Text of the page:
Although you may not have known what it was at the time, you've probably ended up in the doctor's office or ER thanks to the ill effects of rotavirus on your little one. The top culprit causing diarrhea in babies and young children, rotavirus infects 4 out of 5 kids in the United States with the "stomach flu" (also called "gastroenteritis") by the age of 5.
The Centers for Disease Control and Prevention (CDC) is reporting good news, though, about the miserable infection — the 2007-2008 rotavirus season was less severe and started 3 months later (in late February rather than November) than in the past 15 years. Not only were lab results testing positive for rotavirus down almost 80%, hospitals and doctor's offices saw far fewer kids because of the infection.
The government organization says the positive changes may be because of the new rotavirus vaccine, now recommended for babies via three doses by mouth at around 2, 4, and 6 months of age.
According to the CDC, annually in the U.S. rotavirus has caused:
- more than 400,000 trips to the doctor
- up to 272,000 emergency department visits
- up to 70,000 hospital admissions
Although the infection causes only a few deaths among U.S. children each year, it causes 1,600 deaths a day among tots less than 5 years old worldwide.
About the Vaccine
You may have heard about the rotavirus vaccine and vaguely remembered some sort of controversy, but can't quite remember what it was all about. You can rest assured, though, that the immunization being given to infants now has been deemed safe and is preventing some serious illness in the youngest of kids.
In early 2007, the CDC, the U.S. Food and Drug Administration (FDA), and the Advisory Committee on Immunization Practices (ACIP) found that RotaTeq, the then-new vaccine to prevent rotavirus, does not put babies at an increased risk for intussusception (a type of serious bowel blockage), despite a previous report of a possible link.
Intussusception is a potentially life-threatening condition that can occur spontaneously, most often in infants, when one portion of the bowel slides into the next. This creates a bowel obstruction that leads to swelling, inflammation, and decreased blood flow to the intestines.
Almost a decade ago (in 1999), a rotavirus vaccine called RotaShield was taken off the market after being linked to an elevated risk of intussusception. But after research showed no indication that the new vaccine, RotaTeq, increased the risk of the condition in more than 70,000 children studied, the FDA approved the new vaccine in 2006 and the American Academy of Pediatrics (AAP) added it to the lineup of routine immunizations recommended for all infants.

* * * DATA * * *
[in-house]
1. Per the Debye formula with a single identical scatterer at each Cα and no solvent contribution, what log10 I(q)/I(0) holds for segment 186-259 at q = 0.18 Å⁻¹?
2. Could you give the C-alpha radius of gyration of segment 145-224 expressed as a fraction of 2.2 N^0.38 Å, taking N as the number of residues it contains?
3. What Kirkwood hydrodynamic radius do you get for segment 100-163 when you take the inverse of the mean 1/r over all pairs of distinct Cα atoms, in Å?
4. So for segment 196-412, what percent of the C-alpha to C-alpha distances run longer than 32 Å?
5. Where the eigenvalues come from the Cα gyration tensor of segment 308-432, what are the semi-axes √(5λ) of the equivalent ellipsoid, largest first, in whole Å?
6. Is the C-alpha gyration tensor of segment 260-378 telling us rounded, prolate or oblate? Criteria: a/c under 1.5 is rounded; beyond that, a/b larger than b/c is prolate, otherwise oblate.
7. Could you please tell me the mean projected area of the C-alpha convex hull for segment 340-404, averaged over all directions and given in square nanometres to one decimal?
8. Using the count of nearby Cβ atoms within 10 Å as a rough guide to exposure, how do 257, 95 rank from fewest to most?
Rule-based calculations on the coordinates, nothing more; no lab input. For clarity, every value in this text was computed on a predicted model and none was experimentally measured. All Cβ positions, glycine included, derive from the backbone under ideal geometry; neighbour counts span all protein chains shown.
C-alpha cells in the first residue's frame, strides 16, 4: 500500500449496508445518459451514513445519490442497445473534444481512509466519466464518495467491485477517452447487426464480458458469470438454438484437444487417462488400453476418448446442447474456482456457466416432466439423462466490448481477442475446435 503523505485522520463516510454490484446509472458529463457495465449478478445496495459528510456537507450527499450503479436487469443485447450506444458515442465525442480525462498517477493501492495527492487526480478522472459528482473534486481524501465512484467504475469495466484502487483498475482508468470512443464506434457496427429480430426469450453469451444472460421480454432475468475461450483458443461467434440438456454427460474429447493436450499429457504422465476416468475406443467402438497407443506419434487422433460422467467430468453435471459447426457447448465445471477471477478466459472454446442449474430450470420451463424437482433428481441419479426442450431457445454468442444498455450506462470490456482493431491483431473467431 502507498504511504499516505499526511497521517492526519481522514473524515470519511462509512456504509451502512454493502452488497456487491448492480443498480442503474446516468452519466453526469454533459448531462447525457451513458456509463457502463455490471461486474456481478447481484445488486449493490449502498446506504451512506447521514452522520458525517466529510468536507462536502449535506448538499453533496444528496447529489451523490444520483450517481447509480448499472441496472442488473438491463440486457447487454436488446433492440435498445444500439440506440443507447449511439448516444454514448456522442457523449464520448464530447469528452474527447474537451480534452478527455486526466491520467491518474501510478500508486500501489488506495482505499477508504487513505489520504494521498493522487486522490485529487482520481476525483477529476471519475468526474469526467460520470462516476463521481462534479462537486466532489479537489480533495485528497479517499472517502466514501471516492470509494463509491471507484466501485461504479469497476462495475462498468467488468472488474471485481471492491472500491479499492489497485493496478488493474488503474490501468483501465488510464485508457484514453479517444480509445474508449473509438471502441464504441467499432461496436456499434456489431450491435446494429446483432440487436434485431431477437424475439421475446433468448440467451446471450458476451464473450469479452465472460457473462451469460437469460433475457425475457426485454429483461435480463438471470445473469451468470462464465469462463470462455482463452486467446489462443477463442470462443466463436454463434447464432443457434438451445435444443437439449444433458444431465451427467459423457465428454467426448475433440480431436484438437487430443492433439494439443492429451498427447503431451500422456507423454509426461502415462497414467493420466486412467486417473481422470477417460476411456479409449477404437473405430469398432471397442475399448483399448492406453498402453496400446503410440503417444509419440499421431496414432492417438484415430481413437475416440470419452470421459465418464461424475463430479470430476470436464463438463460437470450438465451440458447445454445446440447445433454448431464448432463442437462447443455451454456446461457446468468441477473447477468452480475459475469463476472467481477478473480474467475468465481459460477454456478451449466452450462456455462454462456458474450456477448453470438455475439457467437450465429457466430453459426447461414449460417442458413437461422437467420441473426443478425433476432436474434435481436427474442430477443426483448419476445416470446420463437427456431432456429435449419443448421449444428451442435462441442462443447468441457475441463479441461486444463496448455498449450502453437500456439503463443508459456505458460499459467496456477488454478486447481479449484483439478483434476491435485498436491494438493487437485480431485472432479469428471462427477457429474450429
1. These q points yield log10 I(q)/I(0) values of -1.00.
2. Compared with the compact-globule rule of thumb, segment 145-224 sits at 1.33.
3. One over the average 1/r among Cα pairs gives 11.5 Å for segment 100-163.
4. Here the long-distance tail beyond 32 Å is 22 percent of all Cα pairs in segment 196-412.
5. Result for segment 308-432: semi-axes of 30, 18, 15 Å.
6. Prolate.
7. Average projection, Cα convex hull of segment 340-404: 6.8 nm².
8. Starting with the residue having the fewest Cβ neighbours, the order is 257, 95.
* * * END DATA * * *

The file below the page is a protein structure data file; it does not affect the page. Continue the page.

What This Means to You
A rotavirus infection can make babies, toddlers, and preschoolers really sick, especially if it leads to dehydration. Signs and symptoms of rotavirus infection may include fever, nausea and vomiting, often followed by abdominal cramps as well as frequent, watery diarrhea. Call your doctor for advice if your child has signs of a rotavirus infection.
If you're caring for a child with diarrhea:
- Make sure everyone in the family (especially you and your sick child) washes hands well and often, especially after going to the bathroom or changing diapers, when caring for another child too, and before preparing and/or serving food.
- Keep your child home from childcare, playgroups, or school until the diarrhea stops.
- Watch for these signs of dehydration and call the doctor right away if any crop up:
- increased thirst
- sunken eyes
- dry mouth and tongue
- dry skin
- less urination than usual (a dry diaper for several hours in infants or fewer trips to the bathroom for older kids)
To help protect your kids against serious illnesses like rotavirus, make sure they receive their vaccinations on time, from when they're still in the crib to when you send them off to college. And immunization schedules can change over time, so schedule and keep all of your kids' routine checkups and talk to your doctor about what to expect at each visit.
Reviewed by: Steven Dowshen, MD
Date reviewed: July 2008
Source: "Delayed Onset and Diminished Rotavirus Activity — United States, November 2007-May 2008," Morbidity and Mortality Weekly Report (MMWR), June 27, 2008.